Click amount to donate direct to CounterPunch
  • $25
  • $50
  • $100
  • $500
  • $other
  • use PayPal
Spring Fund Drive: Keep CounterPunch Afloat
CounterPunch is a lifeboat of sanity in today’s turbulent political seas. Please make a tax-deductible donation and help us continue to fight Trump and his enablers on both sides of the aisle. Every dollar counts!
FacebookTwitterGoogle+RedditEmail

The Worst Emergency in UN History

As Syrian society teeters on the edge of final collapse after three years of ferocious warfare and economic devastation, the UN is making its biggest-ever appeal for £4bn in aid to help the country’s starving civilians.

Three-quarters of Syria’s 22.4 million people will need humanitarian aid to survive by 2014, according to a UN study. Bread in some areas costs five times what it was at the start of the conflict, and 80 per cent of Syrians say their greatest fear is shortage of food.

The former Foreign Secretary, David Miliband, who is now chief executive of the relief charity International Rescue, warned that the refugee crisis in Syria is “the biggest humanitarian test of the century” – a test that the international community is failing. The relief effort is being crippled by a lack of funds from donors and increasing danger for relief workers, he said.

Snow is worsening conditions for the 2.4 million Syrian refugees who have fled to Lebanon, Jordan, Turkey, Iraq and elsewhere, while another four million people have been displaced within Syria.

Doctors are trying to stop a polio epidemic with an emergency immunisation campaign. Whole districts have been rendered uninhabitable by the government bombardment that inevitably follows a rebel takeover in urban and rural districts. Many people inside and outside Syria are reaching the end of their savings after three years in which a lot have been without a job. The violence is still getting worse, sending more people fleeing for safety elsewhere. On Sunday, government air raids, using explosives packed into barrels, killed at least 76 people, including 28 children, according to the Syrian Observatory for Human Rights. Relief workers said that as many as 50 more people might be trapped under the rubble but they did not have heavy equipment to rescue them.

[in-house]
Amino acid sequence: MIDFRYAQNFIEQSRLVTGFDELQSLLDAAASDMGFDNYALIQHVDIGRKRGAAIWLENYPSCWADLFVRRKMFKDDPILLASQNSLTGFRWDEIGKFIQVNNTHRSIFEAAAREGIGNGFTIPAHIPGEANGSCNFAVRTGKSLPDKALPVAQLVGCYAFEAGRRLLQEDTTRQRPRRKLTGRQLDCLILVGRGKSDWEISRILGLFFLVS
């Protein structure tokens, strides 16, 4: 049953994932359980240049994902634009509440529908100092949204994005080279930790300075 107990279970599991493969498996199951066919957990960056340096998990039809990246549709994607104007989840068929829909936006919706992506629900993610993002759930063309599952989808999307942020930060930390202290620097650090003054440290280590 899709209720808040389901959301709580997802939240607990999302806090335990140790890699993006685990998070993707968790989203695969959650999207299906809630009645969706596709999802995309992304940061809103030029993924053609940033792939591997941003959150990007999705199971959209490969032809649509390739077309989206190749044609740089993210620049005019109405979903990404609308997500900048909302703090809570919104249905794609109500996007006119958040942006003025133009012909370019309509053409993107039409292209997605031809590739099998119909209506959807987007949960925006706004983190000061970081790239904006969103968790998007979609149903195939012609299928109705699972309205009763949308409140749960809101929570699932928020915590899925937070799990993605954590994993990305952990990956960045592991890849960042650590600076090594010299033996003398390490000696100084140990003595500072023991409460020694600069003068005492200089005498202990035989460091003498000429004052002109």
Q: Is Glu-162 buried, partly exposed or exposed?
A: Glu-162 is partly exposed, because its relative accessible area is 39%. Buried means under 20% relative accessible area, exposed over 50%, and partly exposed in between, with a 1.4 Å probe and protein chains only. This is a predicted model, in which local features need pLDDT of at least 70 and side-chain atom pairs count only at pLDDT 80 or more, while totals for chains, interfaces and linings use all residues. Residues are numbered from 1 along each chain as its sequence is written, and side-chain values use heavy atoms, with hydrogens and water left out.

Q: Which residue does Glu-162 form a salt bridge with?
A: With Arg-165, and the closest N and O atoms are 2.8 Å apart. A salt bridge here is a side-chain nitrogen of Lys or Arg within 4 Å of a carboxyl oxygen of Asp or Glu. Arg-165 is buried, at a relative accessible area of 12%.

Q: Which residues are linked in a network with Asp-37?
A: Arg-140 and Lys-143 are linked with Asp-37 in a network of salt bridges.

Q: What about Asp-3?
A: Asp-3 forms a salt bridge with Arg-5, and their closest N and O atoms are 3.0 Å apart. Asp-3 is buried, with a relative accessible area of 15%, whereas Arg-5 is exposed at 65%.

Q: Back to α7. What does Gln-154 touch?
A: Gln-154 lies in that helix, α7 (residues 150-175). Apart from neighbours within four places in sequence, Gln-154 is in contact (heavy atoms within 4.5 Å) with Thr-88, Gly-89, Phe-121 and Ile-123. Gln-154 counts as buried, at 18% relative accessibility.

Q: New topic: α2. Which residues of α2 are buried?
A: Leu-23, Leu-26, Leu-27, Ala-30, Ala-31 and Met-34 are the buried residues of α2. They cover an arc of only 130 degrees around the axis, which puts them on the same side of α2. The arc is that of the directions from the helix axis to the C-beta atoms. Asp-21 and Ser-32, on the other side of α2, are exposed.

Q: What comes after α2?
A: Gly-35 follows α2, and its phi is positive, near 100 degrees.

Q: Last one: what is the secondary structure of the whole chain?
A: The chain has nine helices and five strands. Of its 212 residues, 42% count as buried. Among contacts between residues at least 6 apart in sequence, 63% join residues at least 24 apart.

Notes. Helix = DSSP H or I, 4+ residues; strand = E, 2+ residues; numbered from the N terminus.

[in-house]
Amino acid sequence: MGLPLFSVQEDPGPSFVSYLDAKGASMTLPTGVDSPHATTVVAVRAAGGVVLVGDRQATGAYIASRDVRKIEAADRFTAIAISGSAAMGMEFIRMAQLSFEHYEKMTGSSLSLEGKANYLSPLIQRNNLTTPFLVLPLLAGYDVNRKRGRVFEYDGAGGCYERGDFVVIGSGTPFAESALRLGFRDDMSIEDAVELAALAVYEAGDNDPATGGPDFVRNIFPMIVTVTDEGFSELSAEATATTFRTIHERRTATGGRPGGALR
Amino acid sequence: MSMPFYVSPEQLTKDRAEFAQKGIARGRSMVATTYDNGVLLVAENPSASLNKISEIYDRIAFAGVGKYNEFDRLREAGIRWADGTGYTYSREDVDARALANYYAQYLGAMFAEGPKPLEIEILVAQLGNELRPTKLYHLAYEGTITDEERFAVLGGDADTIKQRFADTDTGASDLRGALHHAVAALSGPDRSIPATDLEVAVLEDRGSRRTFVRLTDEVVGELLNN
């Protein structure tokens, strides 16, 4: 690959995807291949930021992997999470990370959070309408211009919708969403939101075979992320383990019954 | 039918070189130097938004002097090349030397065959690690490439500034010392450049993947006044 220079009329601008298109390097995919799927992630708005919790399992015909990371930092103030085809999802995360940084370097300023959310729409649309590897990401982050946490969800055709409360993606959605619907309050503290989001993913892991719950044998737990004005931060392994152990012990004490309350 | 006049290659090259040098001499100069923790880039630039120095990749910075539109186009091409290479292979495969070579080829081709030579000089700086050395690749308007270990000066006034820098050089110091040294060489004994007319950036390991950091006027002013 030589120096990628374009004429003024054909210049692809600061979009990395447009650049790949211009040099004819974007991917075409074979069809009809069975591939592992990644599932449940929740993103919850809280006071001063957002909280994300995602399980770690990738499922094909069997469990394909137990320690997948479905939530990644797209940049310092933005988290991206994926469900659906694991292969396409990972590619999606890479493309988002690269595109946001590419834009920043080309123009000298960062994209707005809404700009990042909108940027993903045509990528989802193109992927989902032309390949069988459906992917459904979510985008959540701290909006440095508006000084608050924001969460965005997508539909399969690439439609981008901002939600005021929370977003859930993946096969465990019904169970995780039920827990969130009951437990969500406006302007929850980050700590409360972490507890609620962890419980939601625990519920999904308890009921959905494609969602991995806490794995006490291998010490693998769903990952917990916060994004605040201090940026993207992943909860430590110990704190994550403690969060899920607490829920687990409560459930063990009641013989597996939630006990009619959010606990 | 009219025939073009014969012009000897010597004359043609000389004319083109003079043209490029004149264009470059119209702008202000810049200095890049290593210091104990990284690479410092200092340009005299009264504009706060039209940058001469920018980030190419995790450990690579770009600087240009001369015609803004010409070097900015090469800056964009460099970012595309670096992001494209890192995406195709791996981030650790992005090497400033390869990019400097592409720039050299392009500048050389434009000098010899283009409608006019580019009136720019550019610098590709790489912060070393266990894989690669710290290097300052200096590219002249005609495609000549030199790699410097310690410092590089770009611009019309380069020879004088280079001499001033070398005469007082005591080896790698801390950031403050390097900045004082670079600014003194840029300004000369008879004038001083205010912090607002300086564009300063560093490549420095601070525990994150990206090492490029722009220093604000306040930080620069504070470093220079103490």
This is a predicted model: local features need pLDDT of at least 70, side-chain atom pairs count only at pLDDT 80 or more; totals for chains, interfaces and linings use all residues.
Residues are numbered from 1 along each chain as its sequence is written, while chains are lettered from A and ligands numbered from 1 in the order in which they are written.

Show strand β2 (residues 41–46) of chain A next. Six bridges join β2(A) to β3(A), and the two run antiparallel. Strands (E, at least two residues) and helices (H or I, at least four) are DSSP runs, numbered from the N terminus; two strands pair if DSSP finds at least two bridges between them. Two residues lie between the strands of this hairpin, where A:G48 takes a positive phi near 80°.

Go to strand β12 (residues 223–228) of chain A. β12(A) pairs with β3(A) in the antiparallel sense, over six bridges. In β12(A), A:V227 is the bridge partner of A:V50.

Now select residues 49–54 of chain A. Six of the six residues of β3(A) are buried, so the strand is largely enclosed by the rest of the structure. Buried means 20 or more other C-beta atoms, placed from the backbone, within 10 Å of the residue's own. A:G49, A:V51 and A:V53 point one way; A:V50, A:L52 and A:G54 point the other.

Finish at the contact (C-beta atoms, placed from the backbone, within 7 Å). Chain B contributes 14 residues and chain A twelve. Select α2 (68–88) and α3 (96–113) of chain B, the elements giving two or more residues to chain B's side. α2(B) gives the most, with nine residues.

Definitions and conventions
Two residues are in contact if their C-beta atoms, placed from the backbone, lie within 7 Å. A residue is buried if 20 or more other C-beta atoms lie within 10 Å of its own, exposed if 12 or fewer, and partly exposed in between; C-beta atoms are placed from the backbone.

Meanwhile, the Observatory said that 28 people from the Syrian minorities – in this case believed to be Alawi and Druze – had been killed by rebels in the town of Adra north-west of Damascus.

As the Syrian conflict enters its third year, many parts of the country are besieged and cut off from supplies of food, electric power and water. The UN sent a plane on Sunday from Arbil in Iraqi Kurdistan with food and other supplies for the winter to the Kurds of Hassakeh in north-east Syria – where fighters from among the 2.5 million Syrian Kurd population have been battling against al-Qa’ida-linked affiliates seeking to get possession of the oil wells in the north-east of the country. The flights will bring in 400 tonnes of food and 196kg of medical equipment. There is great variation in the degree of impoverishment, with people in state-controlled areas much better off because they are able to get bread at very low prices from government bakeries – though they often have to queue for a long time.

In central Damascus, Tartous and some other government-held areas it is possible to have a near-normal life. But food bought in the market, such as lamb, cheese, eggs and margarine, have all soared in price because they are not being produced or the roads are too difficult for food supplies to be easily or cheaply transported. Even where people have jobs, salaries have often fallen below £100 a month.